Jamil Abdullah Al-Amin in the Clutches of an Unforgiving System

Revolutionary Worker #1049, April 9, 2000

Jamil Abdullah Al-Amin, a Muslim cleric and well-known activist from the 1960s, was captured by an army of FBI agents and police officials in rural Lowndes Country, Alabama on March 20. He was run down by police dogs in an Alabama meadow like a fugitive slave.

Al-Amin has now been charged with killing an Atlanta sheriff's deputy and wounding another. Fulton County District Attorney Paul Howard is expected to demand the death penalty. At a federal court appearance in Alabama, Jamil Abdullah Al-Amin declared that he is innocent of these charges. As he was taken out of court in leg-irons, under armed guard, he said, "It's a government conspiracy."

There is every reason to distrust all of the claims and charges made by the authorities. The police activities surrounding Al-Amin have been quite suspicious and their version of events has been full of holes.

Al-Amin's lawyer, civil rights veteran J. L. Chester, said, "He said he did not shoot anyone. He said he did not have a gun. He fled Atlanta to save his life. He said they had been trying to kill him for years." Chester added that he believed Al-Amin was targeted "because he's a Black man who has been fighting the system since he was 16 years old."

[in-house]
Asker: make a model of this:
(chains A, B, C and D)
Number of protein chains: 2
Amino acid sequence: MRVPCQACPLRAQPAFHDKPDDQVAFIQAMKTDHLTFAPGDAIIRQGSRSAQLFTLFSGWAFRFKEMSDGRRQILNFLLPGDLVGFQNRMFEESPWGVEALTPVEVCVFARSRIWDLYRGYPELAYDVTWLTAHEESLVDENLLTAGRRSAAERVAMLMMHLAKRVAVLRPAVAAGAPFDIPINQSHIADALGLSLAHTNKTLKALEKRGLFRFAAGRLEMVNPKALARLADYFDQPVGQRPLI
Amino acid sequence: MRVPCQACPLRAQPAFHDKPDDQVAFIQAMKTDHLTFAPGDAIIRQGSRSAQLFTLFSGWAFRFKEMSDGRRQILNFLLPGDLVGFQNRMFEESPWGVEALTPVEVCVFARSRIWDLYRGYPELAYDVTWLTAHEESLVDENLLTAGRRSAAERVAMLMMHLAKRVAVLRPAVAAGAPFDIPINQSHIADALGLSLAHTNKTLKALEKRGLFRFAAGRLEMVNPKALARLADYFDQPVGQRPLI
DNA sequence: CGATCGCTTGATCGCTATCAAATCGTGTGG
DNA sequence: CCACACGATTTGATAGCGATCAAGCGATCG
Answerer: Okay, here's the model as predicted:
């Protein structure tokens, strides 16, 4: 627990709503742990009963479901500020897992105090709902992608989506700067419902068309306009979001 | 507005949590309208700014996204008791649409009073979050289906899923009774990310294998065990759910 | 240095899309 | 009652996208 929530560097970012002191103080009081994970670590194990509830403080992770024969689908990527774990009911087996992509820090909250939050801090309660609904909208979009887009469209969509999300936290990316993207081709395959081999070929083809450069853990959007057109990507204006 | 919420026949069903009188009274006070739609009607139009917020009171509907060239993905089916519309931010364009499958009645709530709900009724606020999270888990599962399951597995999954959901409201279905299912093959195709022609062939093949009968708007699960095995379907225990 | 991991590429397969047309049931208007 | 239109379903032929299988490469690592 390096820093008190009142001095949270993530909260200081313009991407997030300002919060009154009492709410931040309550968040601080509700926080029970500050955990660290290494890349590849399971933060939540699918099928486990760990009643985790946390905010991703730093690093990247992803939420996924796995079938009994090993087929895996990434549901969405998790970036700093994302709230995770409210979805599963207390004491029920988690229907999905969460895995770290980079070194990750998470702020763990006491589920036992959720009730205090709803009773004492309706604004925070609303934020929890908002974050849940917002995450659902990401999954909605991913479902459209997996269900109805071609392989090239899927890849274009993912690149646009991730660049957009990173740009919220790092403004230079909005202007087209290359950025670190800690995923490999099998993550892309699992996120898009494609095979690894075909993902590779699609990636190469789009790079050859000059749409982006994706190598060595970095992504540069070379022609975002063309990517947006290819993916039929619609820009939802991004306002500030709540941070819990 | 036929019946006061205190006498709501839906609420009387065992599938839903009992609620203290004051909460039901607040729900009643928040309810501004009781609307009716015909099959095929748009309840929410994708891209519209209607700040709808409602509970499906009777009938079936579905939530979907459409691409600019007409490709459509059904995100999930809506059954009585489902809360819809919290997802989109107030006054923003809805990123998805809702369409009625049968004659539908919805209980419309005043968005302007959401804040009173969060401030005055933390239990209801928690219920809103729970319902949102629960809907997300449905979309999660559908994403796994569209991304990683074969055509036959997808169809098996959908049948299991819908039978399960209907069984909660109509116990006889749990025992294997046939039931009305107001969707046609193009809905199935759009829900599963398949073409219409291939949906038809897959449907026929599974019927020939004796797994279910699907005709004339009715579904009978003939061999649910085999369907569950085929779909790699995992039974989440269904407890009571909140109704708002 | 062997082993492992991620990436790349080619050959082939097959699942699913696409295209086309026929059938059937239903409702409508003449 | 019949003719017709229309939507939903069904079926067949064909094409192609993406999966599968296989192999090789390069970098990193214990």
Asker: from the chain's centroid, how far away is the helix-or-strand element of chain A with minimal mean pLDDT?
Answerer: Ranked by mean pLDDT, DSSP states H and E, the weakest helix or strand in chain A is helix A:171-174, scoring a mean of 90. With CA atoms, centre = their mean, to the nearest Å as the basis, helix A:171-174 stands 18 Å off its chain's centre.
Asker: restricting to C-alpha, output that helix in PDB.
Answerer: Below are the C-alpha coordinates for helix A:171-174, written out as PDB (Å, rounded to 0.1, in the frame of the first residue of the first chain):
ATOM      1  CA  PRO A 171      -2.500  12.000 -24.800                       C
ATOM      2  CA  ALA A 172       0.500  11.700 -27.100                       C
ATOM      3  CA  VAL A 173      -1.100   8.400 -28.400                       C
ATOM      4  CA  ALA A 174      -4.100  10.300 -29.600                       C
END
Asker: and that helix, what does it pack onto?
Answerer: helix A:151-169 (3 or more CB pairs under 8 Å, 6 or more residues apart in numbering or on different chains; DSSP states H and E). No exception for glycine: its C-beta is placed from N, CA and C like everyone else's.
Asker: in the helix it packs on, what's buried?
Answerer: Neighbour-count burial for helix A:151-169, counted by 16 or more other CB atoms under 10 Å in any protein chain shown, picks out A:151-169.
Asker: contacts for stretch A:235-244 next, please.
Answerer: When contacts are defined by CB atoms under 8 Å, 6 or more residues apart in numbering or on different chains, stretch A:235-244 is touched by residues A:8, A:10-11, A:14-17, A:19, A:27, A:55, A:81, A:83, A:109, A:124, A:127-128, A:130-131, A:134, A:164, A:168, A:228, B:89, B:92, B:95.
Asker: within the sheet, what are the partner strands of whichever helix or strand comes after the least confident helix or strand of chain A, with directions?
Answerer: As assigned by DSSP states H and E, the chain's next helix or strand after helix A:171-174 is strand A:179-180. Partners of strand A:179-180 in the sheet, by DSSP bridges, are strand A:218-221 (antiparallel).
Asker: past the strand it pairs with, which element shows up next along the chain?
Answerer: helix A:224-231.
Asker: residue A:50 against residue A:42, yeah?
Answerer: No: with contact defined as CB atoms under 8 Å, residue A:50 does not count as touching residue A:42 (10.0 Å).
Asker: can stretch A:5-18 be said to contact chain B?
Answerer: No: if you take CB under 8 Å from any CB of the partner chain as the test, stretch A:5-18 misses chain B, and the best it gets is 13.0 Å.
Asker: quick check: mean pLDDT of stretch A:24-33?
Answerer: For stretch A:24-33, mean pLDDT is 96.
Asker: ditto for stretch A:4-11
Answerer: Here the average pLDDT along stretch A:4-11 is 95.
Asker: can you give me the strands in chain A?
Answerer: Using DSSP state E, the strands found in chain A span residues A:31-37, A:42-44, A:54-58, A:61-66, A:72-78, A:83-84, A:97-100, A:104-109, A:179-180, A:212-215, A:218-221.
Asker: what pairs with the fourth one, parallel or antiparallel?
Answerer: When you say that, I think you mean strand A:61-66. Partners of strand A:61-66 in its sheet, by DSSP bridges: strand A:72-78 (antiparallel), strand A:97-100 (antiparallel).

Al-Amin, 56, has been a target of the authorities his whole life, and there is every reason to believe that he remains a target of the authorities.

In the 1960s, when he was known as H. Rap Brown, Al-Amin was a militant leader of the Black liberation struggle--known for his outspoken advocacy of armed self-defense and inner city rebellions. He was targeted by the FBI's COINTELPRO program. Congress passed a notorious law, the "Rap Brown Amendment," specifically aimed at stopping Al-Amin and radical activists like him from organizing resistance among the people. Rap was sentenced to prison for his militant activities, where he served three years.

Since then, even as he embraced Islam and moved away from revolutionary politics, Al-Amin has been persecuted repeatedly by police frame-ups and attacks in Atlanta, Georgia, where he has been living.

Out Front and Fearless During the 1960s